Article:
This portrays the Galatians’ departure from the way that Paul led them to by the Gospel, is like a runner on an obstacle course headed toward the finish line and suddenly goes off course and starts running on a path that leads away from the finish line. That’s why he felt so perplexed by their decision. The path that Paul put them on was cleared of obstacles by Jesus who ran this course successfully, but the path they were now following retained all these obstacles so that the Galatians must now learn how to get over or get by each one of them in order to proceed. Unfortunately, they were not headed for the finish line but back to the starting line. It could also be seen in what we call a defector, someone who goes over the line into what is the enemy’s territory. In this case, they left God’s Gift of Salvation through Grace to go over to self-redemption through the Works of the Law. There is every indication that Paul never expected something like this to happen. So his surprise was enveloped with astonishment. This left him wondering how such a thing could happen.11

A. T. Robertson (1863-1934) draws, what he calls, a picture word in explaining what Paul meant by this sudden shift by the Galatians away from the Gospel he preached to them. The Greek verb metatithēmi means “to change places, to transfer.” But it isn’t someone else who is moving them, they are transferring themselves and doing it so quickly on very short notice. To this was not some gradual shift from the time of their conversion in their position concerning God’s grace. No, it began shortly after the Judaizers came to town and tempted them with their artificial doctrine of grace. Robertson mentions that even in his day there were some Christians that fell victim to similar perverters of the Gospel. If it was an amazement to the Apostle Paul, it is equally as much of a surprise to believers today that so many are so silly and so gullible to modern descendants of these ancient charlatans.12

To make this even more confusing, there seems to be uncertainty as to how much influence these false teachers were having on Paul’s converts in Galatia and the degree to which they became compliant by conforming to what they were being told to do. Paul fears that the Galatians seemed to have wanted to begin an alternate course that was often followed by Gentiles who converted to Judaism. As such, they obviously put plenty of value on this the things they were told would come their way by following the alternative path. No doubt that made Paul feel even more bewildered by their actions. Paul considered all of this quite ironic for the Galatian Gentiles seeing how God received them and counted them as being right with Him before they knew anything about the Law. So why would they now be persuaded to get involved with something that proved to be unnecessary in the first place? How could they give equal importance to the Good News of their freedom in Grace that Paul brought them with the bad news they were given on becoming prisoners of the Law by the Judaizers? No wonder Paul felt complexed and heartbroken.13

But just like he told the Corinthians, Paul was not writing this to shame them, but to let them know that a big mistake was being made and they needed to know how to turn things around. So what he is writing here he wrote out of love, not out of malice.14 And just as Paul wrote the Thessalonians, he also wanted to Galatians to know that God chose them because they accepted the Gospel Paul preached to them so that they could share in the glory that Yeshua was to receive as the Anointed One.15 Paul shared the same message with Timothy.16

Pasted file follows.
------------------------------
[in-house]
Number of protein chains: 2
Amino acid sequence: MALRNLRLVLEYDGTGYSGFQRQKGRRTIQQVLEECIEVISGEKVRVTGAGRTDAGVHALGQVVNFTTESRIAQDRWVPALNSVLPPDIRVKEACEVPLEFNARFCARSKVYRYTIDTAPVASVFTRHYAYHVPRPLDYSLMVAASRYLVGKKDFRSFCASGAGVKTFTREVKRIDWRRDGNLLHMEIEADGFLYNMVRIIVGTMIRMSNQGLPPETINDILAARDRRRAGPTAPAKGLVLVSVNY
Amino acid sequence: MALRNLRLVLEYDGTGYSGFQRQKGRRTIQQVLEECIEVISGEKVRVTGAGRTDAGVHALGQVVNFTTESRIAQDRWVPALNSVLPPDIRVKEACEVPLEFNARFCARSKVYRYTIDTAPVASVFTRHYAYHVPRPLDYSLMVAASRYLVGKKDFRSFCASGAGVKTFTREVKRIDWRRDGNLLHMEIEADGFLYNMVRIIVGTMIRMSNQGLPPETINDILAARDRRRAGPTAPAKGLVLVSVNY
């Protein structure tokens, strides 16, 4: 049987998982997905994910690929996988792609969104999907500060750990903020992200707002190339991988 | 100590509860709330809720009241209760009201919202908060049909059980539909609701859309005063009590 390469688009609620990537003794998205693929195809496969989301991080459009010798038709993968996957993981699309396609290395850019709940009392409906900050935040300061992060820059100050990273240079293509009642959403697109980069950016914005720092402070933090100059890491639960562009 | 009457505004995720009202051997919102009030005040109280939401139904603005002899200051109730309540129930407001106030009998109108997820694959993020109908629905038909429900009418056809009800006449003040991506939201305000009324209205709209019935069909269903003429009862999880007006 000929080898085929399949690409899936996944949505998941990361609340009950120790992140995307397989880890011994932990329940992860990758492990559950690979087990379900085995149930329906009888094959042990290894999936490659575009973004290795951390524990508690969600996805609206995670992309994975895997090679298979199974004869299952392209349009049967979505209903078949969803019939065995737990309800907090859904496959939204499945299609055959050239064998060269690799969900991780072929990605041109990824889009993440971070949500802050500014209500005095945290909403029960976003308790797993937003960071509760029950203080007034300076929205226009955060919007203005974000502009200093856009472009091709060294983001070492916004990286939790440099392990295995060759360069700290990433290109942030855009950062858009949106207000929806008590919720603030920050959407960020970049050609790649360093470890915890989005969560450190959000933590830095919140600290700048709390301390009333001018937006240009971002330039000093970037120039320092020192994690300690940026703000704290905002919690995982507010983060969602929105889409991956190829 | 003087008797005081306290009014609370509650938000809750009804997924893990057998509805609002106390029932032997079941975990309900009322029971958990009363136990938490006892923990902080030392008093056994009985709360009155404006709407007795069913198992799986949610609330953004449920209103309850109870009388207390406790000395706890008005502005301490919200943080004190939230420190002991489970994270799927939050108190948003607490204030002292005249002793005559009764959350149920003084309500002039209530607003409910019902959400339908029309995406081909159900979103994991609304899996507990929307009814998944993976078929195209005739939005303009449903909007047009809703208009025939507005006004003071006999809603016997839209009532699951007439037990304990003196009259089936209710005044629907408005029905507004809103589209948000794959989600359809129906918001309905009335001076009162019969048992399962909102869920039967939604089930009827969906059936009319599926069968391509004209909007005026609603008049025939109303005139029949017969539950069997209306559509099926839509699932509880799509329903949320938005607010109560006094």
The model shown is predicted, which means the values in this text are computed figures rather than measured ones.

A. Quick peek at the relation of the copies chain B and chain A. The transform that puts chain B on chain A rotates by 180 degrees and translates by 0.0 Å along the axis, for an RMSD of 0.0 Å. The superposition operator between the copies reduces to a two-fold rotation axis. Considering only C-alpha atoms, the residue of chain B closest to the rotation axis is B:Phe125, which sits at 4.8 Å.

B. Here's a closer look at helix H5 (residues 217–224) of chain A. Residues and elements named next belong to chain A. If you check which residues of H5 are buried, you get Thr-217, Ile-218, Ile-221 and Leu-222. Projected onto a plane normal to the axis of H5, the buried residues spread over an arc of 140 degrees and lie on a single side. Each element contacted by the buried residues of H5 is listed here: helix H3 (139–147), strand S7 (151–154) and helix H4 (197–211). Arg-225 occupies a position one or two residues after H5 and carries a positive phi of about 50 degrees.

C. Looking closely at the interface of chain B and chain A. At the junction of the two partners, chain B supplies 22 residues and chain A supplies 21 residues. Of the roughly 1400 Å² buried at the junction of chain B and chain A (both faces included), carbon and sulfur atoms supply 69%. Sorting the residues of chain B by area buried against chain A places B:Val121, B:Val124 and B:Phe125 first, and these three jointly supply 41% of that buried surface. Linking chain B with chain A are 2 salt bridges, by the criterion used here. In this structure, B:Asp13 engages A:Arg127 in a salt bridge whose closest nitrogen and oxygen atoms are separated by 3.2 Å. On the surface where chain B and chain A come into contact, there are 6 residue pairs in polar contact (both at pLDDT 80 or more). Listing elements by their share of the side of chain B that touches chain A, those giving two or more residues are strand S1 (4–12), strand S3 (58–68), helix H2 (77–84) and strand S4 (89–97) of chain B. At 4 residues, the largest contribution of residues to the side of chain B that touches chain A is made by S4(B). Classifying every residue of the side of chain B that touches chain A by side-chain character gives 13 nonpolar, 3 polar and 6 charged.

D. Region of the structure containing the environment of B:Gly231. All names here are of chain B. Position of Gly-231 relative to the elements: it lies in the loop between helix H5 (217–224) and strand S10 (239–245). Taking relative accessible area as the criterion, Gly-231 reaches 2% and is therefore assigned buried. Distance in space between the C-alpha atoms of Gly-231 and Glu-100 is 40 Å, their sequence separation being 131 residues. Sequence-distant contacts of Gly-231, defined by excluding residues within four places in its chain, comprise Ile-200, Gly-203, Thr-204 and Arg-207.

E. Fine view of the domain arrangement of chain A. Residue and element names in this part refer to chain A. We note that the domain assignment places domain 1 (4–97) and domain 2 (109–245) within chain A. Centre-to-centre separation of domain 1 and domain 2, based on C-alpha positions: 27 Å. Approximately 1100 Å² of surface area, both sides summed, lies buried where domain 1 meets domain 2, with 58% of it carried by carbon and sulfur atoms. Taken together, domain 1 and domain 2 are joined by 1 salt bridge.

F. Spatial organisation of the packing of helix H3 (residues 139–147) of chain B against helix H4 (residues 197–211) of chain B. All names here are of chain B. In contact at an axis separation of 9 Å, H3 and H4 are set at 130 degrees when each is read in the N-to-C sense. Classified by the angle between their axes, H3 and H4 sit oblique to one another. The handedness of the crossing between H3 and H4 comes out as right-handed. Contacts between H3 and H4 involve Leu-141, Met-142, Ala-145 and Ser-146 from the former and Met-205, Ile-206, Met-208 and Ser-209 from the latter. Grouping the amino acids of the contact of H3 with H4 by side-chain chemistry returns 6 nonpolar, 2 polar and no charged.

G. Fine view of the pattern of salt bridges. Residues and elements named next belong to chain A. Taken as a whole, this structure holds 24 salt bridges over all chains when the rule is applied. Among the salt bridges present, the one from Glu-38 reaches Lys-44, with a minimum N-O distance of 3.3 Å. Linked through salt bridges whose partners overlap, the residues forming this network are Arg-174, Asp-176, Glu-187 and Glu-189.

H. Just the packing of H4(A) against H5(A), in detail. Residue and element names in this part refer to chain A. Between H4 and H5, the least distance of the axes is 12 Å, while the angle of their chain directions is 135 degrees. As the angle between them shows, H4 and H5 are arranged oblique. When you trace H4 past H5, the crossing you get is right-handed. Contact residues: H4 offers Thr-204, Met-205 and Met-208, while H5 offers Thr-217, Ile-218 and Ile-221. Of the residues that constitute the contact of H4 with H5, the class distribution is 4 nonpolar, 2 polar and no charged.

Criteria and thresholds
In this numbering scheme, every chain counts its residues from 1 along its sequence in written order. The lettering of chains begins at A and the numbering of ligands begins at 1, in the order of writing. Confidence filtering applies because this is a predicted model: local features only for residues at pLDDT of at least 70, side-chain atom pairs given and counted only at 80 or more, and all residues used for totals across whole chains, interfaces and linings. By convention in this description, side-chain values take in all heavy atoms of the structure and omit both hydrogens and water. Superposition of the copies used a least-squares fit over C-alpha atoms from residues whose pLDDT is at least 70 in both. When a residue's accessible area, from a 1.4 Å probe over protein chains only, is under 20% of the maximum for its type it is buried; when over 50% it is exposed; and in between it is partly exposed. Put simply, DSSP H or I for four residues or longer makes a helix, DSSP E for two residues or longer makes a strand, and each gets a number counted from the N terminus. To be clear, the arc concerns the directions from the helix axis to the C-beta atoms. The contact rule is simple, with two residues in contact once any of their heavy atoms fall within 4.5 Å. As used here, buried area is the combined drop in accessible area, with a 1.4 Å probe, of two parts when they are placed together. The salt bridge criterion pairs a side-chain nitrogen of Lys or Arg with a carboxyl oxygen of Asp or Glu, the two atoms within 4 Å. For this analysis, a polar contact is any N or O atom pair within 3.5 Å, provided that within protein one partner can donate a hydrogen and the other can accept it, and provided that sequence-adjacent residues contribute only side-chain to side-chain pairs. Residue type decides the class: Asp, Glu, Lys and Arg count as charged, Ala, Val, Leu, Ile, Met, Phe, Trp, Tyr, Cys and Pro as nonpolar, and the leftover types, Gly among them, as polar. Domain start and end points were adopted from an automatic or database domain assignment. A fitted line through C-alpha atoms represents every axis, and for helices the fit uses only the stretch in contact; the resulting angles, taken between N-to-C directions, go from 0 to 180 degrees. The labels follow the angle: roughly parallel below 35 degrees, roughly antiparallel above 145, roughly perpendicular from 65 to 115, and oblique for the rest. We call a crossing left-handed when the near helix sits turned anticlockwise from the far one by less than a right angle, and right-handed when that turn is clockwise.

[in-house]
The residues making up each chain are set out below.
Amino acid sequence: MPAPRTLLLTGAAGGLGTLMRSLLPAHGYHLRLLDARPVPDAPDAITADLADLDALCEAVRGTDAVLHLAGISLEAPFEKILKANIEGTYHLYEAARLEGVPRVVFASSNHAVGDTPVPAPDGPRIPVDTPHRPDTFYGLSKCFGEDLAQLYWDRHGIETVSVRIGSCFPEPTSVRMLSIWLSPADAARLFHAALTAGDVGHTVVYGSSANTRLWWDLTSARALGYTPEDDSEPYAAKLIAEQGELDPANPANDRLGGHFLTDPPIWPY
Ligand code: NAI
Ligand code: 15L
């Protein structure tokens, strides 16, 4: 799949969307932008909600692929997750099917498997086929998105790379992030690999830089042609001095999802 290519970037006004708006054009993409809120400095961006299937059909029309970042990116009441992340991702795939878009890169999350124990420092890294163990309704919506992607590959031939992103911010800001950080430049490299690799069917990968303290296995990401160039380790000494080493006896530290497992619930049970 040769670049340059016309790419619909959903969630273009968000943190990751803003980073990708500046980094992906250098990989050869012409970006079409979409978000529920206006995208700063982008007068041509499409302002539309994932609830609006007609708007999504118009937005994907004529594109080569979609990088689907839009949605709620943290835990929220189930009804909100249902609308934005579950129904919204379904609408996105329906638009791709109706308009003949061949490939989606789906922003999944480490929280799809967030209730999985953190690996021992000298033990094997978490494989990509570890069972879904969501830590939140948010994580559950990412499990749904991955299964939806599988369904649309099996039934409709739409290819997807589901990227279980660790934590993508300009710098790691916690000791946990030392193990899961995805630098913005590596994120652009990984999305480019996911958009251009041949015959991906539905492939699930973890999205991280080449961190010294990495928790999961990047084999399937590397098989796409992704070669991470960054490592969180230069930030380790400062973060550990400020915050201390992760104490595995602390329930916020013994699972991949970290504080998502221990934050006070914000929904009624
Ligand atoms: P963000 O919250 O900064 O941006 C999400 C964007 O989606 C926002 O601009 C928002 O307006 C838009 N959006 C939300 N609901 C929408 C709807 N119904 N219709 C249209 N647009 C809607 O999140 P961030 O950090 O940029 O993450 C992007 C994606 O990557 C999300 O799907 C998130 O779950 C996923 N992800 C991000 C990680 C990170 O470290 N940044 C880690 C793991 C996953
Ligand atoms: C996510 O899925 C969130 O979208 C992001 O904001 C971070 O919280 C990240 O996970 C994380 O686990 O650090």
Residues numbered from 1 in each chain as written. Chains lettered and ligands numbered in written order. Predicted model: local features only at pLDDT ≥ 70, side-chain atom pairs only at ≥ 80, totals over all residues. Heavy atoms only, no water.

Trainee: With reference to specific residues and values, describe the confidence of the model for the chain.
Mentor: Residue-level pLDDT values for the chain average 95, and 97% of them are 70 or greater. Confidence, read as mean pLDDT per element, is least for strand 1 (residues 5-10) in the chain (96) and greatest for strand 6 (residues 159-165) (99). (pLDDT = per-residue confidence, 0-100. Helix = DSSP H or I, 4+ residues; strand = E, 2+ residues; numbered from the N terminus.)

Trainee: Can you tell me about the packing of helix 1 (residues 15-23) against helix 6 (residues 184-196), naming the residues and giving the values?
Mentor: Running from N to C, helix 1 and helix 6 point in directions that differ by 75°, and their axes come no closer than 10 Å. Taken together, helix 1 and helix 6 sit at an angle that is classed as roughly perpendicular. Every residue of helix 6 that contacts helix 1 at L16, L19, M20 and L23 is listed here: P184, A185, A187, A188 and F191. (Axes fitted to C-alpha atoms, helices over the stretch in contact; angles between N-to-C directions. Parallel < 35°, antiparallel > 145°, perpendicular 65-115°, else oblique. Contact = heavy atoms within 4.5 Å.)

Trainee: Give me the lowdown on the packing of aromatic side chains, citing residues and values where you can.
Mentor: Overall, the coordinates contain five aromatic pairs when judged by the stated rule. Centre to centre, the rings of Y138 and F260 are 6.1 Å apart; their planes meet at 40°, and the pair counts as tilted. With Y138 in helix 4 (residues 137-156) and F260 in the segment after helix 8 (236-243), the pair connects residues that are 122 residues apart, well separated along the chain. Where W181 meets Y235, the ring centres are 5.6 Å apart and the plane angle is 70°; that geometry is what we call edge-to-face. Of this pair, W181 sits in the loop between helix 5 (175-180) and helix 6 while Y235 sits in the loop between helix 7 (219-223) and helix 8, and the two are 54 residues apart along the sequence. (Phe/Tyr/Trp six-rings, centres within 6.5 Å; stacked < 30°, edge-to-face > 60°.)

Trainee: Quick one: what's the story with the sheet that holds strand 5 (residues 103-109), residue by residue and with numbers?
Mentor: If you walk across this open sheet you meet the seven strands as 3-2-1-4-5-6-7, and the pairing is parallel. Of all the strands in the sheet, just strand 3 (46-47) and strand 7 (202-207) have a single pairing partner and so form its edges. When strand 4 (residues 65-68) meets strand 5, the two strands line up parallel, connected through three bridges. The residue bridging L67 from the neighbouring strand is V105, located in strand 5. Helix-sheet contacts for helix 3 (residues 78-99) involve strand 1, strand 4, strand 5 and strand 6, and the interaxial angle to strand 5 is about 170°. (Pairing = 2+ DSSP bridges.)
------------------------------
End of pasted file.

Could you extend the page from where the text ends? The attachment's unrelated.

Paul did not want the Galatians to forget that it was by the loving-favor of the Lord Jesus that they too were given the opportunity to trust God for their salvation from the punishment of sin that was coming on all the world as were others.17 This must have stuck in Paul’s mind when he later wrote the Romans where he told them the same thing.18 After all, Paul knew what he was talking about because it was what brought him into fellowship with God and the Anointed One.19

1 1 Corinthians 6:20

2 Alfred E. Bouter: An Outline of the Epistle to the Galatians, pp. 8-9

3 The Dialogues of Plato, Translated with Analyses and Introductions by Benjamin Jowett, Vol. IV, Oxford University Press, London, 1892, Vol. IV

4 Ryken, Philip Graham: On Galatians, op. cit., loc. cit., (Kindle Location 289-303)

5 Daniel 12:3

6 Psalm 106:12-13

7 Isaiah 29:13

8 Jeremiah 2:13

9 Papyri is the plural form of papyrus made from a tall aquatic plant of the sedge family native to the Nile valley. Such papyrus thought to be common in ancient times, now occurs only in several sites. It was used as material on which to write, prepared from thin strips of the pith of this plant laid together, soaked, pressed, and dried, It was used mostly by the ancient Egyptians, Greeks, and Romans. It was the material upon which Paul wrote his Epistles.

10 Mark A. Nanos: On Galatians, op. cit., p. 40-41, 43

11 Ibid., Nanos, pp. 102, 111, 179,

12 A. T. Robertson: Word Pictures in the New Testament, loc cit.

13 Nanos, Ibid., pp. 194-195, 305

14 1 Corinthians 4:15

15 2 Thessalonians 2:13-14

16 2 Timothy 1:9

17 Acts of the Apostles 15:11

18 Romans 5:2

19 1 Timothy 1:14

About drbob76

Retired missionary, pastor, seminary professor, Board Certified Chaplain and American Cancer Society Hope Lodge Director.